Enmotus Blog

Using advanced analytics to admin a storage pool

Posted by Adam Zagorski on Sep 25, 2017 1:43:50 PM

Manual administration of a virtualized storage pool is impossible. The pace of change and the complexity of the information returned from any metrication is too complex for a human to understand and respond in anything close to an acceptable timeframe.

Storage analytics sort through the metrics from the storage pool and distil useful information from a tremendous amount of near-real-time data. The aim of the analytics is to present information about a resolvable issue in a form that is easy to understand, uncluttered by extraneous data on non-important events.

Let’s take detecting a failed drive as an example. In the early days of storage, understanding a drive failure involved a whole series of CLI steps to get to the drive and read status data in chunks. This was often complicated by the drive being in a RAID array drive-set. This approach worked for the 24 drives on your server, but what happens when we have 256 drives and 10 RAID boxes, or 100 RAID boxes…get the problem?

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Topics: NVMe, big data, All Flash Array, Data Center, data analytics, cloud storage

Optimizing Dataflow in Next-Gen Clusters

Posted by Jim O'Reilly on Sep 6, 2017 10:57:55 AM

We are on the edge of some dramatic changes in computing infrastructure. New packaging methods, ultra-dense SSDs and high core counts will change what a cluster looks like. Can you imagine a 1U box having 60 cores and a raw SSD capacity of 1 petabyte? What about drives using 25GbE interfaces (with RDMA and NVMe over Fabrics), accessed by any server in the cluster?

Consider Intel’s new “ruler” drive, the P4500 (shown below with a concept server). It’s easy to see 32 to 40 TB of capacity per drive, which means that the 32 drives in their

concept storage appliance give a petabyte of raw capacity (and over 5PB compressed). It’s a relatively easy step to see those two controllers replaced by ARM-based data movers which reduce system overhead dramatically and boost performance nearer to available drive performance, but the likely next step is to replace the ARM units with merchant class GbE switches and talk directly to the drives.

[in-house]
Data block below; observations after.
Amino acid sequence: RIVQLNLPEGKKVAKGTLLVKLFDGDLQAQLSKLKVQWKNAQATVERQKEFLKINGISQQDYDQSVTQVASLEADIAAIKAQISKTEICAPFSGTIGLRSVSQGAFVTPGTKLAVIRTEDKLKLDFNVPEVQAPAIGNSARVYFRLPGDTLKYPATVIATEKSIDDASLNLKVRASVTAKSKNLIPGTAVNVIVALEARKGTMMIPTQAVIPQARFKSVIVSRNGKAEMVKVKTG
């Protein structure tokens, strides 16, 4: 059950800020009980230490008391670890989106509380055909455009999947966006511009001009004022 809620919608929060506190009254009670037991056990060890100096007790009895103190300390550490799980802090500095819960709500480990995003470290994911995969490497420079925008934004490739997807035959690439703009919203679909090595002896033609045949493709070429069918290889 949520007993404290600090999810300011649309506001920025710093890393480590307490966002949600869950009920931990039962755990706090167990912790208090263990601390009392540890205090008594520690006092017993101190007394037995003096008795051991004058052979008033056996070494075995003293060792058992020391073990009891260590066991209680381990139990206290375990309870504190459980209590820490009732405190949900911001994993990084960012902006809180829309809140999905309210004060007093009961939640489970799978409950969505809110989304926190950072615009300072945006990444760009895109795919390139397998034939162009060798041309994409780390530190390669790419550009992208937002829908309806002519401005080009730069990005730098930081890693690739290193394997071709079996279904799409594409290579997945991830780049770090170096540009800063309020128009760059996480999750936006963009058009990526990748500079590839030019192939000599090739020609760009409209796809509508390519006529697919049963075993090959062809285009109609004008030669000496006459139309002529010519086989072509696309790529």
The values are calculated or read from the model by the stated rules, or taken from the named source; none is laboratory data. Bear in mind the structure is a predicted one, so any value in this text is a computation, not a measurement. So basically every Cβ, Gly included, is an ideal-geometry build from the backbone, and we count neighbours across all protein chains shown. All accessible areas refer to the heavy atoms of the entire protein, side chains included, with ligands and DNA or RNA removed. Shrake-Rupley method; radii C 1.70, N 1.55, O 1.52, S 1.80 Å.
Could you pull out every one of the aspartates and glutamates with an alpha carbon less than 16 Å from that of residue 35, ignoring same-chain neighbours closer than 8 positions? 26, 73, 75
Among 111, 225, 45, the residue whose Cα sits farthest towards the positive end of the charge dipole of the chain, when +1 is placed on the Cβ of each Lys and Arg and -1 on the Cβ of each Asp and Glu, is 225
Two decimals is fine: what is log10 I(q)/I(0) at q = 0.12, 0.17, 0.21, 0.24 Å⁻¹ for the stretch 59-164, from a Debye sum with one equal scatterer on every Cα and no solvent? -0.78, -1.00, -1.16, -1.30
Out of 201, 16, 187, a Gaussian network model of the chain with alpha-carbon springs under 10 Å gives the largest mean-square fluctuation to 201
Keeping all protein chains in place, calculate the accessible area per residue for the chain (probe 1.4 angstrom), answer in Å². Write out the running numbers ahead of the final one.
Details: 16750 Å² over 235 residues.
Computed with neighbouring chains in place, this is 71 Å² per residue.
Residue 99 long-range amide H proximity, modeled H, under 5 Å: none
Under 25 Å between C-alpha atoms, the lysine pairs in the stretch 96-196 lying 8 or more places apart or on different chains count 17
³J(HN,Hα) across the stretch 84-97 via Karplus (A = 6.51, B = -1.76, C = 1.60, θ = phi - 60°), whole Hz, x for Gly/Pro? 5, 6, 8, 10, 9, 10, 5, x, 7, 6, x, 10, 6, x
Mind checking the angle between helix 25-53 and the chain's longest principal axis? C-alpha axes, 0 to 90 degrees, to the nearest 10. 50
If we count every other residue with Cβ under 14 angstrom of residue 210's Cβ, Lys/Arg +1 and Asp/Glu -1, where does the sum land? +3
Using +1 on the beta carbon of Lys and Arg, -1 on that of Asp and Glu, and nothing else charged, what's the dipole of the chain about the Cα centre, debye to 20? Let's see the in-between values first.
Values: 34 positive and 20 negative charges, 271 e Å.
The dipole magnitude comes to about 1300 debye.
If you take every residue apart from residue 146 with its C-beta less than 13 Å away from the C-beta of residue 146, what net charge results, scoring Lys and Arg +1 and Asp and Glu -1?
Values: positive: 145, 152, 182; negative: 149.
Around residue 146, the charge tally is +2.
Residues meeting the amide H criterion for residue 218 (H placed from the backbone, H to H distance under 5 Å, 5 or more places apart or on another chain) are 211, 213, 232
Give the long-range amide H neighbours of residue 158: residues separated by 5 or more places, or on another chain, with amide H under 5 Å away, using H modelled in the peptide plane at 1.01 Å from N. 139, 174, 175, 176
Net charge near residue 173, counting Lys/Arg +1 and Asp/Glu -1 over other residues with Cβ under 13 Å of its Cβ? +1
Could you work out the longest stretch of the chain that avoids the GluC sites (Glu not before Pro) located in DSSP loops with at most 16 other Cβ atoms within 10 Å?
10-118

I can imagine a few of these units at the top of each rack with a bunch of 25/50 GbE links to physically compact, but powerful, servers (2 or 4 per rack U) which use NVDIMM as close-in persistent memory.

The clear benefit is that admins can react to the changing needs of the cluster for performance and bulk storage independently of the compute horsepower deployed. This is very important as storage moves from low-capacity structured to huge capacity big-data unstructured.

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Topics: All Flash Array, Intel Optane, Data Center, NVMe over Fibre, data analytics

How To Prevent Over-Provisioning - Dynamically Match Workloads With Storage Resources

Posted by Adam Zagorski on Jun 25, 2017 10:05:00 AM

The Greek philosopher Heraclitus said, “The only thing that is constant is change.” This adage rings true today in most modern datacenters. The demands on workloads tend to be unpredictable, which creates constant change. At any given point in time, an application can have very few demands placed on it, and at a moment notice the workload demands spike. Satisfying the fluctuations in demand is a serious challenge for datacenters. Solving this challenge will translate to significant cost savings amounting to millions of dollars for data centers.

Traditionally, data centers have thrown more hardware at this problem. Ultimately, they over provision to make sure they have enough performance to satisfy peak periods of demand. This includes scaling out with more and more servers filled with hard drives, quite often short stroking the hard drives to minimize latency. While hard drive costs are reasonable, this massive scale out increases power, cooling and management costs. The figure below shows an example of the disparity between capacity requirements and performance requirements. Achieving capacity goals with HDDs is quite easy, but given that individual high performance HDDs are only able to achieve about 200 random IOPS, it takes quite a few HDDs to meet performance goals of modern database applications.

Today, storage companies are pushing all flash arrays as the solution to this challenge. This addresses both the performance issue as well as the power and cooling, but now massive amounts of non-active (cold) data are stored on your most expensive storage media. In addition, not all applications need flash performance. Adding all flash is just another form of overprovisioning with a significantly higher cost penalty.